This photo shows our implementation of the Farnsworth Fusor. It is housed in a 6″ Conflat cross. The outer grid is about 3.9″ OD, made of 0.062″ diameter 308 stainless wire (welding rod) spot welded. A portion of the outer grid can be seen in the photo as three dark lines crossing the viewport. The inner grid is 1.25″ OD, made of 0.020″ diameter Ta wire spot welded. This grid is glowing visibly in the photo.
The inner grid is supported by a 0.094″ diameter stainless rod which is part of the 30 kV feedthrough visible on top of the chamber. The stainless rod is insulated with a 99.8% alumina ceramic tube that tends to glow alarmingly red during operation!
By carefully adjusting the D2 pressure to around 10-15 millitorr (measured with a capacitance manometer) and applying about 20,000 volts across the grids, a thin glow discharge can be established. The current is typically around 6 milliamps. Under these conditions, the system produces D+D fusion in the center due to head-on collisions between ~20 keV deuterons.
Evidence of this fusion reaction is the emission of ~104 neutrons/sec. Neutrons are detected with a Bicron BC-720 fast neutron scintillator which consists of ZnS(Ag) phosphor embedded in a clear hydrogenous plastic. It is 2″ in diameter. We have coupled it to a 2″ PM tube (bi-alkali photocathode) and enclosed it in the cardboard tube visible on the left. The detector electronics are visible in the lower left corner. That box is the all-in-one (HV supply, amplifier, single-channel analyzer, and scaler) Texas Nuclear 9200 system that was originally sold as portable XRF system in the 1960’s and 1970’s.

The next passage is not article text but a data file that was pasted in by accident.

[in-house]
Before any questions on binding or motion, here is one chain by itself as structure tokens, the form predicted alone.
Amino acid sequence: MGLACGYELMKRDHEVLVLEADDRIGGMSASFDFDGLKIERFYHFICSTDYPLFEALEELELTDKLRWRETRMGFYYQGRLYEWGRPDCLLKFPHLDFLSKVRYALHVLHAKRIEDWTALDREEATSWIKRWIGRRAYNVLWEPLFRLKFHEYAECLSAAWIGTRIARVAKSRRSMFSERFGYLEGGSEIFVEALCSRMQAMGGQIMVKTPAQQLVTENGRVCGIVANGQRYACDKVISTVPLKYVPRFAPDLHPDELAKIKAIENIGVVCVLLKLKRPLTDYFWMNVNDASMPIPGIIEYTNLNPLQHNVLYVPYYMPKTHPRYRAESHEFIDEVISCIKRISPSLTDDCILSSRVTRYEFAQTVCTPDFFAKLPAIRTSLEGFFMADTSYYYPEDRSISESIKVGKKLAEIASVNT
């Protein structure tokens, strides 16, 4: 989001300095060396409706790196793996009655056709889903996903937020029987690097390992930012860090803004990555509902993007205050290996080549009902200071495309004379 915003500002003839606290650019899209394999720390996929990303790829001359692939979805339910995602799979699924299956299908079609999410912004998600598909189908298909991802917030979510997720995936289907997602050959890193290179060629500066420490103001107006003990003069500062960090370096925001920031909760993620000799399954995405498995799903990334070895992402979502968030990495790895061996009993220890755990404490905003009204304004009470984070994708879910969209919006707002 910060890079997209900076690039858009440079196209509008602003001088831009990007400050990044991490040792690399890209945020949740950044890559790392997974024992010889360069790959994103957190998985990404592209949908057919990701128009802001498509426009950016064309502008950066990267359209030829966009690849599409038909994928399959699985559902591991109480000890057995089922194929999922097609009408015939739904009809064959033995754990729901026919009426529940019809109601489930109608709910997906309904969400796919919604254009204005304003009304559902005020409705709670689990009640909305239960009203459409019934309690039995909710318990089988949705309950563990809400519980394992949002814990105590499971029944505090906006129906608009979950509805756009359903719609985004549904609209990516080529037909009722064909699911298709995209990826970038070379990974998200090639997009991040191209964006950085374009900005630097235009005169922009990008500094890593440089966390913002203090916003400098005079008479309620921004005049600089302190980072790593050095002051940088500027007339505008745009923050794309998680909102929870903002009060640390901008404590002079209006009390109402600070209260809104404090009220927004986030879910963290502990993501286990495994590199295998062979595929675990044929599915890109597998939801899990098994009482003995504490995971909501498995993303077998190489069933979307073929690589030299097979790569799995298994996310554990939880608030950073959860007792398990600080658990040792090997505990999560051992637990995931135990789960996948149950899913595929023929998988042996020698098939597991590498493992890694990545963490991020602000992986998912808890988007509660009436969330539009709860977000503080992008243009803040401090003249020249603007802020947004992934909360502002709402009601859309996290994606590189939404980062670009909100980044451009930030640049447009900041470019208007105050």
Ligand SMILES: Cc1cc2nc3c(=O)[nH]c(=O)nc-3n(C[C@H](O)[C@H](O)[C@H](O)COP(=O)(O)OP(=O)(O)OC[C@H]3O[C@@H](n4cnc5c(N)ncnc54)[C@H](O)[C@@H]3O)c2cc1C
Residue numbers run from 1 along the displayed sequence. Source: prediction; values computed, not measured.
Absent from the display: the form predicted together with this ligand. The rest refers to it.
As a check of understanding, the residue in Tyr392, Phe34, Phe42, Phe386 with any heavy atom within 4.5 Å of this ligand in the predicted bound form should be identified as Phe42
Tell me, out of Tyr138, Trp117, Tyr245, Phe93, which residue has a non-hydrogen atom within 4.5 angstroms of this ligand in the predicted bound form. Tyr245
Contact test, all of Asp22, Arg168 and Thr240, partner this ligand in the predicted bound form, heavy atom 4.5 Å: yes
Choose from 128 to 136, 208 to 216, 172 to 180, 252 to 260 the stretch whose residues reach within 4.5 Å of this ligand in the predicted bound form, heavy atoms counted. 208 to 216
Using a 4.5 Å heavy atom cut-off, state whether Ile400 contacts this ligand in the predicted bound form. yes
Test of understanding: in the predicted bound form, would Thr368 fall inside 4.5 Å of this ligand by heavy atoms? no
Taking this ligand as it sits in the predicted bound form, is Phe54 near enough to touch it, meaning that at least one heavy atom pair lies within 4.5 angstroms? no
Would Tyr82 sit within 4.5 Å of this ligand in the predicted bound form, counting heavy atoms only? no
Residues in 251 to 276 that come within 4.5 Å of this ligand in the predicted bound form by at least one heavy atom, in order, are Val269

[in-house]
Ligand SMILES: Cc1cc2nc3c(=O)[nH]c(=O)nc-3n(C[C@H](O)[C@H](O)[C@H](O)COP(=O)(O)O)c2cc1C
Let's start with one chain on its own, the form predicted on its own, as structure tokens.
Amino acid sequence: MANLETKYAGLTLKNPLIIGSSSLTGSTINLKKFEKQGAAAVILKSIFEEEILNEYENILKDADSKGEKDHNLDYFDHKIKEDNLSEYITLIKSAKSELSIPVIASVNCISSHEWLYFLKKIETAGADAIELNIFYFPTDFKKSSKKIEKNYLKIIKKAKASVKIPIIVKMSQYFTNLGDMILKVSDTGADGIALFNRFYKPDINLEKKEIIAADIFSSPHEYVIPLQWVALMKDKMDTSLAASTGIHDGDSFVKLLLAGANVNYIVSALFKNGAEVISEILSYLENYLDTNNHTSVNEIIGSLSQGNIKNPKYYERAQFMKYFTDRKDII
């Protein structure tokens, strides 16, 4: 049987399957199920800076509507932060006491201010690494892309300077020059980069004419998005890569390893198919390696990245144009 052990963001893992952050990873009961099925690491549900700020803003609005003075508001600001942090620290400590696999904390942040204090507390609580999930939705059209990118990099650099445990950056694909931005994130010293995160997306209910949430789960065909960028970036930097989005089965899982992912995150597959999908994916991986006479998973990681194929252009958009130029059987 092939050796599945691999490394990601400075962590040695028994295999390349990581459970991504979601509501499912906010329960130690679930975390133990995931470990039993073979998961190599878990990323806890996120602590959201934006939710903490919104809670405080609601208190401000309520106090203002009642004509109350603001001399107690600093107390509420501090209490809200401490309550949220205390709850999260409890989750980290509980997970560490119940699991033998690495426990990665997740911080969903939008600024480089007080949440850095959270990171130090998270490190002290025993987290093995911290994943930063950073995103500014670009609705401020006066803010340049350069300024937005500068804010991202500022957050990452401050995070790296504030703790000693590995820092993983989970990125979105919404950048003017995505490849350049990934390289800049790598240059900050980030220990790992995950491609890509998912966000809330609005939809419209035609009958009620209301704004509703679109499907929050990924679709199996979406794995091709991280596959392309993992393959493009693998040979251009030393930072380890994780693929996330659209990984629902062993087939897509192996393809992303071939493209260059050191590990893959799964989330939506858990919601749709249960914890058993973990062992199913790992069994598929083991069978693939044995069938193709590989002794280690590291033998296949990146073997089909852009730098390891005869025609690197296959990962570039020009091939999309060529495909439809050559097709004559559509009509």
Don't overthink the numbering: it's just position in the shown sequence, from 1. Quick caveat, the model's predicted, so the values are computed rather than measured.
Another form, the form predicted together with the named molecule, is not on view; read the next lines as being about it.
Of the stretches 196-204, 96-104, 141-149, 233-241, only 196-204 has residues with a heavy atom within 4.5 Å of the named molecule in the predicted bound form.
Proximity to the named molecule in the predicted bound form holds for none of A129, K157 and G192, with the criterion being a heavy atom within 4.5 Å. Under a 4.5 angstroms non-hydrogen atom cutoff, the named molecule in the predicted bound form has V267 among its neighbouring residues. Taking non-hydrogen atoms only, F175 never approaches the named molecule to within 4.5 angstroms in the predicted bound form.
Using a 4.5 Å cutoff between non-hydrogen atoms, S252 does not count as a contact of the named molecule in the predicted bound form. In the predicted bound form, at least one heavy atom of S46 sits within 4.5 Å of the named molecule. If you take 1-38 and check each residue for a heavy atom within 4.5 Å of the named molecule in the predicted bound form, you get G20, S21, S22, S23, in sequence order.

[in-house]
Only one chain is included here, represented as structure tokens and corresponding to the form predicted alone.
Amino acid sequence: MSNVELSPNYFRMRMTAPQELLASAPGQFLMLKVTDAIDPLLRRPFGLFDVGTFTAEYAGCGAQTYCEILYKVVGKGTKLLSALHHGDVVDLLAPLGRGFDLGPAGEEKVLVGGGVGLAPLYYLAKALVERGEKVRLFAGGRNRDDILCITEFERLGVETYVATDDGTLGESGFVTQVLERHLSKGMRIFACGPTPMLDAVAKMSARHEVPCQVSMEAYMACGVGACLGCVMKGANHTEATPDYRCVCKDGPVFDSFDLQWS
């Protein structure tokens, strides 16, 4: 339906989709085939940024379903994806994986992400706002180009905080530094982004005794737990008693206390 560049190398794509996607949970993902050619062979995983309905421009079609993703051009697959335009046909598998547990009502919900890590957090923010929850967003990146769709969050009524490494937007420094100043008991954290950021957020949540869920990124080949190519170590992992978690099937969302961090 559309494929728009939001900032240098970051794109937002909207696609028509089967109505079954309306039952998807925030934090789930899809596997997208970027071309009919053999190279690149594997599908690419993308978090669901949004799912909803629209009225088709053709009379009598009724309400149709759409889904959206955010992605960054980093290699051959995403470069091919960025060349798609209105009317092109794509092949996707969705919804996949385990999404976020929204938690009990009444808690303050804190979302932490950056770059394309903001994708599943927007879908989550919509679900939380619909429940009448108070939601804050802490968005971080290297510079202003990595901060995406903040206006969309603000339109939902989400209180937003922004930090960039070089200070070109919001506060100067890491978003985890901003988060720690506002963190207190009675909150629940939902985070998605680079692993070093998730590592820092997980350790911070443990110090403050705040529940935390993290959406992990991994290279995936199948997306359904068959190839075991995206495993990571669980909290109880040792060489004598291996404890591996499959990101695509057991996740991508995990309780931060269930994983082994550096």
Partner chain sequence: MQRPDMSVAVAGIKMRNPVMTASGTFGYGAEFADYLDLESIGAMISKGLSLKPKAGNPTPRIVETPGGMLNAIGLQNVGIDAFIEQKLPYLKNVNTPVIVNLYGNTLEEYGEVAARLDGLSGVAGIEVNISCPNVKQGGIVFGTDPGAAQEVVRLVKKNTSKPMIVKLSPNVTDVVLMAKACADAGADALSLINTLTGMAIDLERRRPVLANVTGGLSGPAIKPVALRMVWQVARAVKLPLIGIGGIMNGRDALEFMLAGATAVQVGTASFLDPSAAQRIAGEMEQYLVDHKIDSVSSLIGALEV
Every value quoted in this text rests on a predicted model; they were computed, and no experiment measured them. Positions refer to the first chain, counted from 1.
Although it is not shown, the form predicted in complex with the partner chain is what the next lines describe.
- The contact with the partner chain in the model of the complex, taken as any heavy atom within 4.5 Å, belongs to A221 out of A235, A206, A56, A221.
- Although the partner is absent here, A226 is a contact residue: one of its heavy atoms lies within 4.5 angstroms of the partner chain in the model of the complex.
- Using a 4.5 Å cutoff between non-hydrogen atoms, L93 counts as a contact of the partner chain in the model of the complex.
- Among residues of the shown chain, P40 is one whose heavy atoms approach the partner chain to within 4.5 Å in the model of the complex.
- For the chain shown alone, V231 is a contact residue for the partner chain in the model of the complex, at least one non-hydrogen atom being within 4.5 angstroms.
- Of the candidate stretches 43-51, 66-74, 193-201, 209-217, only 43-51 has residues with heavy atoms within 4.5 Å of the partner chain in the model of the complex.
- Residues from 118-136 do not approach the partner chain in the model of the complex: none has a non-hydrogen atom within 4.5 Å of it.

The total neutron emission rate was calculated from the observed count rate of up to 1.5 count/sec (background is 0.2 count/sec), taking into account the 1/36 geometry factor and 0.6% detector efficiency for 2.5 MeV neutrons.
In front of the chamber is an 8mm thick sheet of yellowish leaded glass that does an excellent job of stopping the torrent of soft x-rays that pours out of the glass viewport during operation.
At the very top of the photo you can see the Plastic Capacitor’s HV power supply and a neon sign transformer. The secondary of this transformer is wired in series with the chamber to serve as a filter. It’s inductance measures 190 henries!
One of the advantages of the BC-720 is gamma rejection. The following waveforms, collected from the amplifier output of the TN9200, show how this is accomplished:
The left waveform shows a typical gamma pulse. This waveform was generated by exposing the detector to a large piece of 232Th, which emits multiple gamma energies up to 2.6 MeV. The waveform on the right was collected during operation of the fusor. A single-channel analyzer is used to discriminate against small the pulses, making the detection system essentially insensitive to gammas.
We also looked at some background pulses. As our system is presently adjusted, background pulses occur approximately once every 5 seconds. Some of these pulses look just like the neutron pulse shown on the right above. Occassionally, there are some odd ones:
The background pulse on the left is very narrow compared to either the gamma or neutron pulses. The background pulse on the right is huge! Presumably these are different forms of cosmic radiation.